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Key takeaways

  • A HomeReady mortgage is a type of conventional loan with a down payment requirement of just 3 percent. You can use it to buy a home or refinance an existing mortgage.
  • To qualify, your income can't exceed more than 80 percent of the median income in your area.
  • You can meet the 3 percent down payment requirement using gifts from relatives or friends, grants and other sources. You can also count rental income on your loan application.

What is a HomeReady mortgage?

A HomeReady mortgage is a type of conventional loan that helps lower-income borrowers buy homes. To qualify, your income can’t exceed 80 percent of the median income in the area you plan to purchase in.

The main draw of a HomeReady loan is its low down payment requirement: just 3 percent of the home’s purchase price. That down payment can come from a variety of sources, such as gifts from family or friends and assistance grants.

HomeReady loans are backed by Fannie Mae, a government-sponsored enterprise (GSE), but they’re funded by mortgage lenders. You’ll apply for and close the mortgage through your lender.

Fannie Mae is offering a $2,500 credit to HomeReady borrowers with incomes at 50 percent or less of their respective area median incomes. This credit can be put toward your down payment or closing costs. It applies to loans closed between March 1, 2024 through Feb. 28, 2025.

HomeReady loan terms

A HomeReady loan is often a 30-year fixed-rate mortgage, but it’s also available in 10-, 15- and 20-year fixed-rate terms, as well as five-, seven- and 10-year adjustable-rate terms.

HomeReady loan property types

In addition to buying a home with a HomeReady mortgage, you can also use this type of loan to refinance.

However, it can only be used for primary residences — the home you live in. You can use it for a single-family home or eligible condo, co-op or manufactured home. You can also use it to buy a duplex, triplex or four-unit property, but only if you live in one of those units as your primary residence.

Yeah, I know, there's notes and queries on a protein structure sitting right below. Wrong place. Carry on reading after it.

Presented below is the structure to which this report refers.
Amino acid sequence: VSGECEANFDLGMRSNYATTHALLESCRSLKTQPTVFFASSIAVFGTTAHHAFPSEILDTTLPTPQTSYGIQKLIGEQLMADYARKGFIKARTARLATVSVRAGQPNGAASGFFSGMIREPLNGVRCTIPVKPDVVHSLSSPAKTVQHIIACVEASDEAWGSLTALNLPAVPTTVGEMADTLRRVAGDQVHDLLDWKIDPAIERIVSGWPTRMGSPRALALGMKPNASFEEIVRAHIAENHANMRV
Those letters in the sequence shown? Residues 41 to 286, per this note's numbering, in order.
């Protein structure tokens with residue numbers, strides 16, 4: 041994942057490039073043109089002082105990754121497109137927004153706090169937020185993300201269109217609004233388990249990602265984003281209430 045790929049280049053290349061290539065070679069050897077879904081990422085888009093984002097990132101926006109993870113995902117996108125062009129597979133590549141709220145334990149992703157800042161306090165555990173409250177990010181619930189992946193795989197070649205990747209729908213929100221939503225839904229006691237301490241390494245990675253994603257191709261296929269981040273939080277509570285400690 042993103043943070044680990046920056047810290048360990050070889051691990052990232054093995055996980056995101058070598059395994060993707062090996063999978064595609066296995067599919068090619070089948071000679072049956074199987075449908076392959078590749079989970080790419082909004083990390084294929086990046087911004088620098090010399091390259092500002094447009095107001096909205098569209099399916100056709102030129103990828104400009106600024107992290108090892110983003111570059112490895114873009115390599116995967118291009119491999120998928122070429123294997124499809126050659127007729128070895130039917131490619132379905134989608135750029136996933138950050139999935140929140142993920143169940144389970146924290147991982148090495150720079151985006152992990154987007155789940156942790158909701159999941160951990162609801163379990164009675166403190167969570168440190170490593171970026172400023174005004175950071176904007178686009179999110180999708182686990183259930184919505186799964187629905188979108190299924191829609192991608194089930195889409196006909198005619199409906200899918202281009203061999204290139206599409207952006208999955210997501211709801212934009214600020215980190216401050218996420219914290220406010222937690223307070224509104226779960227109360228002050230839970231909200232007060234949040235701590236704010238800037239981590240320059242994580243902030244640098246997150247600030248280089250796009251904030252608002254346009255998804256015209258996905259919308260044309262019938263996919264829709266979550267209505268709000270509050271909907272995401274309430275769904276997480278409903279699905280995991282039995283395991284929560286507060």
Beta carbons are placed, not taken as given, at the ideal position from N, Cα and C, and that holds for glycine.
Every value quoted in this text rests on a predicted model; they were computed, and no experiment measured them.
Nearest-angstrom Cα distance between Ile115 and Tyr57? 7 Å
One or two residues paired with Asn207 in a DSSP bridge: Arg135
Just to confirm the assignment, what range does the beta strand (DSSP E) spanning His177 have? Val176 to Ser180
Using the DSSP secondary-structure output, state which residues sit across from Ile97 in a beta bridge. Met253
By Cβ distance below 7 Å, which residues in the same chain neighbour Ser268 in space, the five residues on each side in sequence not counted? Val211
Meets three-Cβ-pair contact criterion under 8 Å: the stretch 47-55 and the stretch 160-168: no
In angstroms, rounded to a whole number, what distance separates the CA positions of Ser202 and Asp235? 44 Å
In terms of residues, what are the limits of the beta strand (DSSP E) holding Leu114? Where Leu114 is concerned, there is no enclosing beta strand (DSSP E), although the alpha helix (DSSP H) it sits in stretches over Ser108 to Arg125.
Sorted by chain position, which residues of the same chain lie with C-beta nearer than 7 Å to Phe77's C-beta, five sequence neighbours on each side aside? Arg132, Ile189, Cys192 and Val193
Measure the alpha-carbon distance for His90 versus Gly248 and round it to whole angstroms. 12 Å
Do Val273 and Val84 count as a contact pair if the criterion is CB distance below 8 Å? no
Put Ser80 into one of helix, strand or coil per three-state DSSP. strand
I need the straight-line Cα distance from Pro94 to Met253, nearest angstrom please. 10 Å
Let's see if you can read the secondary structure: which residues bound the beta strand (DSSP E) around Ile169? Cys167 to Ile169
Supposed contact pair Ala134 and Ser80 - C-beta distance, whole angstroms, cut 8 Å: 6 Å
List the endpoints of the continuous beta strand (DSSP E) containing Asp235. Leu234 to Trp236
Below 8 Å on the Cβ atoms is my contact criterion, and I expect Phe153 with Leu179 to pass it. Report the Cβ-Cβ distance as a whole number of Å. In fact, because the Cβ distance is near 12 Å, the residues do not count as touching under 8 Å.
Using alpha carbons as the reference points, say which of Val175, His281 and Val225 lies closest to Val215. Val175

Who qualifies for a HomeReady Loan?

To qualify for a HomeReady mortgage, you’ll need:

  • A 620 minimum credit score
  • A 3 percent down payment
  • Income at or below 80 percent of the area median income (AMI); you can use this tool to check AMI limits in your location
  • A debt-to-income (DTI) ratio of no more than 45 percent (or up to 50 percent depending on circumstances)

If you’re a first-time homebuyer, you’ll also need to complete a homebuyer education course. You don’t have to be a first-time buyer, though.

That said, you can only have one other financed property to your name (in addition to the one you’re buying), per Fannie Mae guidelines.

If you don’t meet the 620 credit threshold or otherwise have “nontraditional credit,” you might still qualify for a HomeReady loan. Talk to your loan officer to learn your options.

Benefits of HomeReady mortgages

Here are some of the benefits of a HomeReady loan:

  • Low down payment: HomeReady mortgages only require 3 percent down, and those funds don’t have to come from your personal savings. You can put gifts from relatives or friends, for example, toward the 3 percent requirement.
  • Reduced mortgage insurance: With conventional loans, you’re required to pay mortgage insurance premiums if you put less than 20 percent down. The HomeReady program lowers these premiums for borrowers who put less than 10 percent down. On top of that: You can request to cancel the premiums once you’ve paid down 20 percent of your home’s worth.